LAHORE, Pakistan (Reuters) - Pakistan’s ruling party has won a majority of seats in local elections, according to unofficial results released on Sunday, dashing opposition hopes of making gains in Prime Minister Nawaz Sharif’s Punjab power base.
Millions of Pakistanis voted on Saturday in local government polls seen as a referendum on Sharif’s Pakistan Muslim League-Nawaz (PMLN) party midway through its term heading a national coalition government in Islamabad.
The opposition, led by international cricket star turned politician Imran Khan, was hoping to build up nation-wide support to challenge Sharif at the next general election.
According to unofficial results based on media tallies, the PMLN led with 1001 out of 2,696 seats in the vote. Khan’s Pakistan Tehreek-i-Insaaf (PTI) party only won 231 seats while independent candidates won 854 seats.
Pakistan’s local polls, the first in 10 years, were held on Saturday in the central province of Punjab, the country’s largest and richest, and the southern province of Sindh. The two other provinces, Khyber Pakhtunkhwa in the northwest and Baluchistan in the west, voted earlier this year.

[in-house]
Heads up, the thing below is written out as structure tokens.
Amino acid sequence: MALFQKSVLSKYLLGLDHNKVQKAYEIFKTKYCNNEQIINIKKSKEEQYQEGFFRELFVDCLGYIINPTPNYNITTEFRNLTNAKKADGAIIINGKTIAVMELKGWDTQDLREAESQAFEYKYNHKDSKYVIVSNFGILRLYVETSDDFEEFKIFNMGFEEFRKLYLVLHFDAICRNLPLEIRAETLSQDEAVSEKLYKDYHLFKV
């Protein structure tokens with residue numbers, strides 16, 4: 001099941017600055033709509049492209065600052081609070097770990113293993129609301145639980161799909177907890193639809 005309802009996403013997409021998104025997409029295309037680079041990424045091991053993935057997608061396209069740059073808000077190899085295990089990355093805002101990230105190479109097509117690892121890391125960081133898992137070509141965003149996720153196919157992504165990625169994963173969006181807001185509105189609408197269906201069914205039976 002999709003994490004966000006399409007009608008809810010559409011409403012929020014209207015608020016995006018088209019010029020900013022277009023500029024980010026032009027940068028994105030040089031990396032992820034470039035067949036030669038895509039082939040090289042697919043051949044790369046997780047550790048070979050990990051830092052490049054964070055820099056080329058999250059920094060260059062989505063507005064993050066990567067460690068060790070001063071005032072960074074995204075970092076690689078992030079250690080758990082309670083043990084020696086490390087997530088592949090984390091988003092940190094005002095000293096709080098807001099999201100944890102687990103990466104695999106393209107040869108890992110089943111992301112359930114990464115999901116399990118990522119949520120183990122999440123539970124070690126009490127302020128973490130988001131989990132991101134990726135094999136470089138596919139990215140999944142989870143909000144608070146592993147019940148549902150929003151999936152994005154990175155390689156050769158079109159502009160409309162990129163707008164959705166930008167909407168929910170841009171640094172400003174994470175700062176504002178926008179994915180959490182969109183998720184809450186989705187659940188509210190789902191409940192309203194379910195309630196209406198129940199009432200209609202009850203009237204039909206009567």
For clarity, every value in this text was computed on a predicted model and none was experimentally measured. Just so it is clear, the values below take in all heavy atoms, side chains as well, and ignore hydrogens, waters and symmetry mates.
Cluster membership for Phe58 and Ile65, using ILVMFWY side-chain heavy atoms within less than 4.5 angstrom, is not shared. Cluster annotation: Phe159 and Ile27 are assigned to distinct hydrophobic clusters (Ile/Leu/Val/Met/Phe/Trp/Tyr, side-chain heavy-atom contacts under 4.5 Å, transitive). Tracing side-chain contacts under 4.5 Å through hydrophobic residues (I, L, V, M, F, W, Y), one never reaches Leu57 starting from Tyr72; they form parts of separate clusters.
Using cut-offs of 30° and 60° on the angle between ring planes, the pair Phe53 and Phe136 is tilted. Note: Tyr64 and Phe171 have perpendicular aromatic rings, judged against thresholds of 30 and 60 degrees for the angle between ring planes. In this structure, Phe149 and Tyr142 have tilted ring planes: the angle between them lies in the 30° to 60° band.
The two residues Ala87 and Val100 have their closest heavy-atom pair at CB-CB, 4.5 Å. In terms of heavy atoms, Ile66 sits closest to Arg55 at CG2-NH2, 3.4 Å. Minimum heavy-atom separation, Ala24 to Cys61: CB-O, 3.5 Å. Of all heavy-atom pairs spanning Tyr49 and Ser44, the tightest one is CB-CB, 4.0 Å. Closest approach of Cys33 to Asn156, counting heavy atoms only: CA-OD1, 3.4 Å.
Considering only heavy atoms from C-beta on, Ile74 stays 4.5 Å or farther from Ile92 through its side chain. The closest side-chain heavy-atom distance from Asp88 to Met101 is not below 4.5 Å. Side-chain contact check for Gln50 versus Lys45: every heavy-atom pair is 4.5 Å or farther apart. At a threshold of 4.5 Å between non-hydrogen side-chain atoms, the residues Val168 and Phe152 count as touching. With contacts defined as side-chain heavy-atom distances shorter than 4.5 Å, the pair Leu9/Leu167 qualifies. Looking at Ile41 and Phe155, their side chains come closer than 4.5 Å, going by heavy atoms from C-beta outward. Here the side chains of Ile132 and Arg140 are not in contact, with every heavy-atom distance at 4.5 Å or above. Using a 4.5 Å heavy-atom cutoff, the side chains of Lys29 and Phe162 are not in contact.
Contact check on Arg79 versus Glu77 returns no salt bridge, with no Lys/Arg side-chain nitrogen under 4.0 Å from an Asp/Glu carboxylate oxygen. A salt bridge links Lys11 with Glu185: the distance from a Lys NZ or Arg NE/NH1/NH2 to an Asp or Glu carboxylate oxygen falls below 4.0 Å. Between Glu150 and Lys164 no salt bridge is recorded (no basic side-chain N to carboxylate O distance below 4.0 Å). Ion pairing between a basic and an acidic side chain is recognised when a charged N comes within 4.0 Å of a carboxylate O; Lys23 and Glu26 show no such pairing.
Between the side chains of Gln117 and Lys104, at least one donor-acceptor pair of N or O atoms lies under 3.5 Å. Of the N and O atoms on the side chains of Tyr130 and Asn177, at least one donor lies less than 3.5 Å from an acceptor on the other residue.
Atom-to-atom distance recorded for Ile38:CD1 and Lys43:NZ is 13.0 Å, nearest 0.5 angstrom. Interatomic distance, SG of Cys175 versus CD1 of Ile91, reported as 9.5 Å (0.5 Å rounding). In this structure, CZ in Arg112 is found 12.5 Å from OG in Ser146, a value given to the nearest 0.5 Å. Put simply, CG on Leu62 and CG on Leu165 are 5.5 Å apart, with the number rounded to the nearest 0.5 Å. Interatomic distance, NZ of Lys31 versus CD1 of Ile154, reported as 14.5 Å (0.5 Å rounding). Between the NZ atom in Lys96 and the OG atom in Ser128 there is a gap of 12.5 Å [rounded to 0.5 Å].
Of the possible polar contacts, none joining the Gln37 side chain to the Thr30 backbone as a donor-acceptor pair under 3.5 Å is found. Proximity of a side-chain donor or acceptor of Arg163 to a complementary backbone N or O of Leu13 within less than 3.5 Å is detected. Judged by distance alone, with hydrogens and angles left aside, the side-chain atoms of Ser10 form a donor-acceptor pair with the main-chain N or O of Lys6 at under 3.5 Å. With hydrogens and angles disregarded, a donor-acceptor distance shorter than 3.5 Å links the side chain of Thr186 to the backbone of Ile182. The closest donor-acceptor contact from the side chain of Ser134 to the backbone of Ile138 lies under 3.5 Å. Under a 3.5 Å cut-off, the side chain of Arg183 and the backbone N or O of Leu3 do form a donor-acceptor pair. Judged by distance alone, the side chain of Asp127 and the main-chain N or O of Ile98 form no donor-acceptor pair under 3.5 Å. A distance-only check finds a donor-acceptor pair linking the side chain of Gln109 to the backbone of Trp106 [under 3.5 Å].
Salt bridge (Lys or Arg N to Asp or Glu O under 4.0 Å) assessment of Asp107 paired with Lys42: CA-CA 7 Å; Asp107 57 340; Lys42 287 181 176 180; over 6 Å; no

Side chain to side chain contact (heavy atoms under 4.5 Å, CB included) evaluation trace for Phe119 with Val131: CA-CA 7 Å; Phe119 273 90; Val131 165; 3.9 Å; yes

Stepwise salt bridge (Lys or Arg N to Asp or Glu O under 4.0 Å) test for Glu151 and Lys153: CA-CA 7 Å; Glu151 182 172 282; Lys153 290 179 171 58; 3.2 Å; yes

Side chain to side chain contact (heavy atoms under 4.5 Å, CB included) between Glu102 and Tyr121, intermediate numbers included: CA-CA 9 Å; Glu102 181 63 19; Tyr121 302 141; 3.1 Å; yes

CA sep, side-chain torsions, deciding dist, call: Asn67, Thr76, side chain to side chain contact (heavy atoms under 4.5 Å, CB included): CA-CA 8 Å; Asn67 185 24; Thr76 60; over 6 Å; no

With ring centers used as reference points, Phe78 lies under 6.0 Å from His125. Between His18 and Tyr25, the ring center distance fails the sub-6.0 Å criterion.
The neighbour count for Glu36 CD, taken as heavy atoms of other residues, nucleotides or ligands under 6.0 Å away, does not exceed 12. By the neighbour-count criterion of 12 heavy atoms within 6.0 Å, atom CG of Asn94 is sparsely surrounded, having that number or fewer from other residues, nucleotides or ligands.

“It is a great moral victory for the PMLN,” ruling party leader Uzma Bukhari told Reuters. “The results tell us that we gained more popularity than even in the 2013 election.”
Security and the economy have improved under Sharif but the government has failed to tackle corruption or tax dodging by the wealthy, two problems that are starving social services such as schools and hospitals of cash.
Over 20 million people are registered to vote in Punjab and 4.6 million in Sindh. Pakistan has a population of 190 million.
In the local polls held earlier this year, Khan won in Khyber Pakhtunkhwa in May but Sharif and his allies came out on top in Baluchistan in January.
On Saturday, 11 people were killed when rival political parties fired on each other in Sindh, police said. It was not immediately clear which parties were responsible.
Direct elections to local bodies in districts, which are sub-divisions of Pakistan’s provinces, were last held in 2005 under General Pervez Musharraf, who came to power in a bloodless coup.
National and provincial political parties dislike the system, saying the military has previously used it to undermine parliamentary democracy.
Writing by Mehreen Zahra-Malik; Editing by Tom Heneghan